Review – The Flash #68: Tricks and Traps

The Flash #68 variant cover, via DC Comics.

The Flash #68 – Joshua Williamson, Writer; Scott Kolins, Artist; Luis Guerrero, Colorist

Ratings:

Ray – 7.5/10

Corrina: The Sexual Assault Is….::headdesk::

Ray: As this surprisingly dark Trickster arc unfolds, it seems clear to me what the current issue with Josh Williamson’s Flash run is – while he’s doing as long a run as Tom King on Batman, he doesn’t have nearly the control over the franchise that King does. Wally West has been taken for an event, Bart is in Bendisland now, and Wallace is in purgatory – I mean Teen Titans. That leaves Williamson less to play with, which is why we seem to get a lot of villain-focused stories and an extended origin story in the coming months. This current arc is focused on elevating James Jesse, aka the original Trickster, into an a-list villain, and on that point, it does a good job. This plot of Flash #68, involving brainwashing all of Central City, is surprisingly elaborate. Williamson’s take on Trickster is somewhere in between Joker and Riddler – obsessed with his gimmick, but a puzzle box of a mind. And Barry’s decision to simply surrender and let himself be taken so he could figure out what’s going on is a great display of Barry’s inspector instincts.

However, there’s a lot of mood whiplash in the issue. Williamson deserves kudos for keeping Trickster’s characterization consistent, and I loved the reference to him scamming the devil. His partnership with the younger Axel Asher is a lot of fun, but Jesse’s sadism goes over the top sometimes. Warden Wolfe deserves it, of course, but it takes a lot of the fun out of the issue. The reveal that Trickster is using the Sage Force makes a lot of sense, as it’s the only explanation that fits this sudden power boost, but it feels like Williamson is relying a bit too heavily on this new power. My main issue with the story is the ending – a bizarrely dark last-page visual that is either a complete fake-out/illusion, or makes Trickster an irredeemable sadist. It’s also more grotesque than I’d expect for a Flash title. The story has its high points, but I’m not sure the arc, as a whole, works.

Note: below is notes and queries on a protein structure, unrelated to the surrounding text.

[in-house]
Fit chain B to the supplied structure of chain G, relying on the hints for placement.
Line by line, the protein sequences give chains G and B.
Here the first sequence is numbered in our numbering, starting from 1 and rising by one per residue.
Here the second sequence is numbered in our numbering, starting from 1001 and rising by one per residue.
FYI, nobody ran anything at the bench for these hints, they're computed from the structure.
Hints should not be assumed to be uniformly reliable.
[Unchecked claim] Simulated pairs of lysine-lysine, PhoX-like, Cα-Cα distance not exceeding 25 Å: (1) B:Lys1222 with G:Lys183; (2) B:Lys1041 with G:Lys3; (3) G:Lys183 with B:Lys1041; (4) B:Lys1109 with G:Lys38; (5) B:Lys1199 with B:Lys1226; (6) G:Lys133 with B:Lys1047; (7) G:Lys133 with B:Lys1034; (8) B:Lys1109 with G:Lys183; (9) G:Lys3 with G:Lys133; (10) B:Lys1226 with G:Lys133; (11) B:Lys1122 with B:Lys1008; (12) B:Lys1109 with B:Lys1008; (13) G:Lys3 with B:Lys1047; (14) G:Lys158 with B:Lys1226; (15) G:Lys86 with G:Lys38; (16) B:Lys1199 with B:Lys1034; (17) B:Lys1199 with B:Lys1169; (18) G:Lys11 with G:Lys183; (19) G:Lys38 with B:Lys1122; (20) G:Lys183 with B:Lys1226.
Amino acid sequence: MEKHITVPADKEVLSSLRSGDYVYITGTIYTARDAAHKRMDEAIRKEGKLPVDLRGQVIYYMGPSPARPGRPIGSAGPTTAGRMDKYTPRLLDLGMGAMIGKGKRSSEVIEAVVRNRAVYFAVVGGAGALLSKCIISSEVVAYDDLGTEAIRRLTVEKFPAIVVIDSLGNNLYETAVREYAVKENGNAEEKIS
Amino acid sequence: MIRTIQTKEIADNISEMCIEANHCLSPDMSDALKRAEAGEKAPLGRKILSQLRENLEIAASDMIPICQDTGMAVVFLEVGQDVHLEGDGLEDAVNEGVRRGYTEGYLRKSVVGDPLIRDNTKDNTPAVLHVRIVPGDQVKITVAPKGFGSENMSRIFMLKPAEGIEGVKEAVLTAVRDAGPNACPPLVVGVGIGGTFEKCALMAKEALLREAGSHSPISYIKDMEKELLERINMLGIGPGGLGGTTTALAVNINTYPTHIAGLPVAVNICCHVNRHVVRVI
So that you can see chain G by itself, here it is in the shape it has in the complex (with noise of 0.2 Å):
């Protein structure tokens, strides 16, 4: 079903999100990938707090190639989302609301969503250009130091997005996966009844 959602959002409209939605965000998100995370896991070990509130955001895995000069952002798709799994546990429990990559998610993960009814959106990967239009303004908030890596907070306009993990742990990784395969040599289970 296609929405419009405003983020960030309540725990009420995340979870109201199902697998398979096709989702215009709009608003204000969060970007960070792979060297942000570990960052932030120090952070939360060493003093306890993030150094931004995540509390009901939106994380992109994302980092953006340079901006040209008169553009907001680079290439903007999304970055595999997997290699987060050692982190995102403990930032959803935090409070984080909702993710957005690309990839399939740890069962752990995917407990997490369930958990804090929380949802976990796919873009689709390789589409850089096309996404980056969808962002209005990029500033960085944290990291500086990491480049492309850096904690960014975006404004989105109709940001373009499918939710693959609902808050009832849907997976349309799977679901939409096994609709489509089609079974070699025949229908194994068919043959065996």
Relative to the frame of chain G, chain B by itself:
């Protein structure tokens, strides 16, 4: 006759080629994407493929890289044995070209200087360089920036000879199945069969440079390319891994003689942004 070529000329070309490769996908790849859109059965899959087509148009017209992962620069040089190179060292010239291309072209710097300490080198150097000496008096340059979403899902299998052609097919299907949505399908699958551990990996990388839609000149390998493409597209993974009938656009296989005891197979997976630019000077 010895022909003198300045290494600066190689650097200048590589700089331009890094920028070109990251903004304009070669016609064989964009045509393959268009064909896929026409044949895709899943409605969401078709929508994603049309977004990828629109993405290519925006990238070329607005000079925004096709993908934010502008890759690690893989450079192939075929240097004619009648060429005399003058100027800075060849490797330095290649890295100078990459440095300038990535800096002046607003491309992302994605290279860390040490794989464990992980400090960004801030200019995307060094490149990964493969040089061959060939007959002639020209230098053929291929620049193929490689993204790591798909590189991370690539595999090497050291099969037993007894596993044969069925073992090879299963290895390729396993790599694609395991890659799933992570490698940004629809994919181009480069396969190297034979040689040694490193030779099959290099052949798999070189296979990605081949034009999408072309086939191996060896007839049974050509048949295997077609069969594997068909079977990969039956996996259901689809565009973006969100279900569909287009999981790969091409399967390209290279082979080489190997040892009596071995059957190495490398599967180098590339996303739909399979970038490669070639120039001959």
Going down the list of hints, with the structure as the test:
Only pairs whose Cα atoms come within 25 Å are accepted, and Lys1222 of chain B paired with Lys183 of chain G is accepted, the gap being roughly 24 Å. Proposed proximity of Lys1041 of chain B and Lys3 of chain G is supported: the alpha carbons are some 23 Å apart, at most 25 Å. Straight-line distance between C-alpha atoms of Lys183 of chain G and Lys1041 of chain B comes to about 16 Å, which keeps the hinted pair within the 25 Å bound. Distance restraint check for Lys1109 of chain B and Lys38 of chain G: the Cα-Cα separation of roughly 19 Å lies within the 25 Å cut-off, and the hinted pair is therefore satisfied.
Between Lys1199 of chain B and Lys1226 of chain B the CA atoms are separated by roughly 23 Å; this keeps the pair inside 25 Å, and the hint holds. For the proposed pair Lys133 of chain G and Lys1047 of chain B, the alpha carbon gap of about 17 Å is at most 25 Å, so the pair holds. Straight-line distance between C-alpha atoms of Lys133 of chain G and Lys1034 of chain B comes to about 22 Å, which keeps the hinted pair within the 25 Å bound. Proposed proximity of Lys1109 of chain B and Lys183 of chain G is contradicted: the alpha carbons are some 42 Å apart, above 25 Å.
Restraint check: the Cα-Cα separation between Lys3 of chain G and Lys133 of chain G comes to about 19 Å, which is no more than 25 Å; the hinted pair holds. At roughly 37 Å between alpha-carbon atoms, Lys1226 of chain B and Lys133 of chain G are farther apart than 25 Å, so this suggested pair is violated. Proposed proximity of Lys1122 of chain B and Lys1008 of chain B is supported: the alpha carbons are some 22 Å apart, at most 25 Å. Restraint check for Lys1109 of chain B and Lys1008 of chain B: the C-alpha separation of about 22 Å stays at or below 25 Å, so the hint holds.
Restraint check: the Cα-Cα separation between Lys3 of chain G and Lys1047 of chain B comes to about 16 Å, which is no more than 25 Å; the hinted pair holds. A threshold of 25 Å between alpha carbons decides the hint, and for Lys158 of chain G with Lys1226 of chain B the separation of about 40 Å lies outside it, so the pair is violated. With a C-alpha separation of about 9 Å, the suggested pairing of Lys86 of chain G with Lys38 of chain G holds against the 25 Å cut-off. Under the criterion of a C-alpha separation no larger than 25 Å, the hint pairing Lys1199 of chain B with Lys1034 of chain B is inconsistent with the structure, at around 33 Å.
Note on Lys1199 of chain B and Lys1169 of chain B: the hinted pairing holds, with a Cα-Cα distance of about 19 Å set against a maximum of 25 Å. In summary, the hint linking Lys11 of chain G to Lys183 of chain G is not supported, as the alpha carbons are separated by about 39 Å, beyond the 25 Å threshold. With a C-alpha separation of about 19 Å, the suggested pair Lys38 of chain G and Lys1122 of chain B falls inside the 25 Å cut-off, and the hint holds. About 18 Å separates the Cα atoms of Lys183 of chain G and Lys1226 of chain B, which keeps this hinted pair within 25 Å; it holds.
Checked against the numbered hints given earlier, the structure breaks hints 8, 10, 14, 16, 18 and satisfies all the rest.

This boss is a joke. Via DC Comics.

Corrina: Ray doesn’t even mention the darkest thing in this: a clear on-panel kiss between a brainwashed Kristen and James Jesse.

That’s sexual assault. And who knows how far it has gone.

And it’s just tossed into this as one issue as more evil thing. But, hey, while whole cities mind-controlled by supervillains are not a thing in our world, women being browbeaten and bent into submission by a controlling, abusive boyfriend is absolutely a thing.

If you’re going to put that in an issue, then it’s more than just one more evil act by a supervillain. Let’s swap it up. What would your reaction be if James Jesse was attracted to him and he’d brainwashed, say, Wally, into being his boyfriend and kissed him and embraced him on panel? I bet that would garner more attention because men would feel more like it was a horrible crime. And it’s a horrible crime when done to a woman, too, and shouldn’t be just one more passing thing that’s part of James Jesse controlling a city. This is the Purple Man story all over again except Kristen is only a side issue in a story about a hero, and will never get to have her own story or recovery.

As for the overall plot, the explanation that the Sage Force is being used is a good one.

But the fact that Ray focuses on what’s going on with Warden Wolfe’s torture as taking the fun out of the issue and doesn’t even mention the sexual assault of a woman shows what kind of similar blinders the male creative team also had on when putting together this issue.

To find reviews of all the DC issues, visit DC This Week.

Disclaimer: GeekDad received this comic for review purposes.

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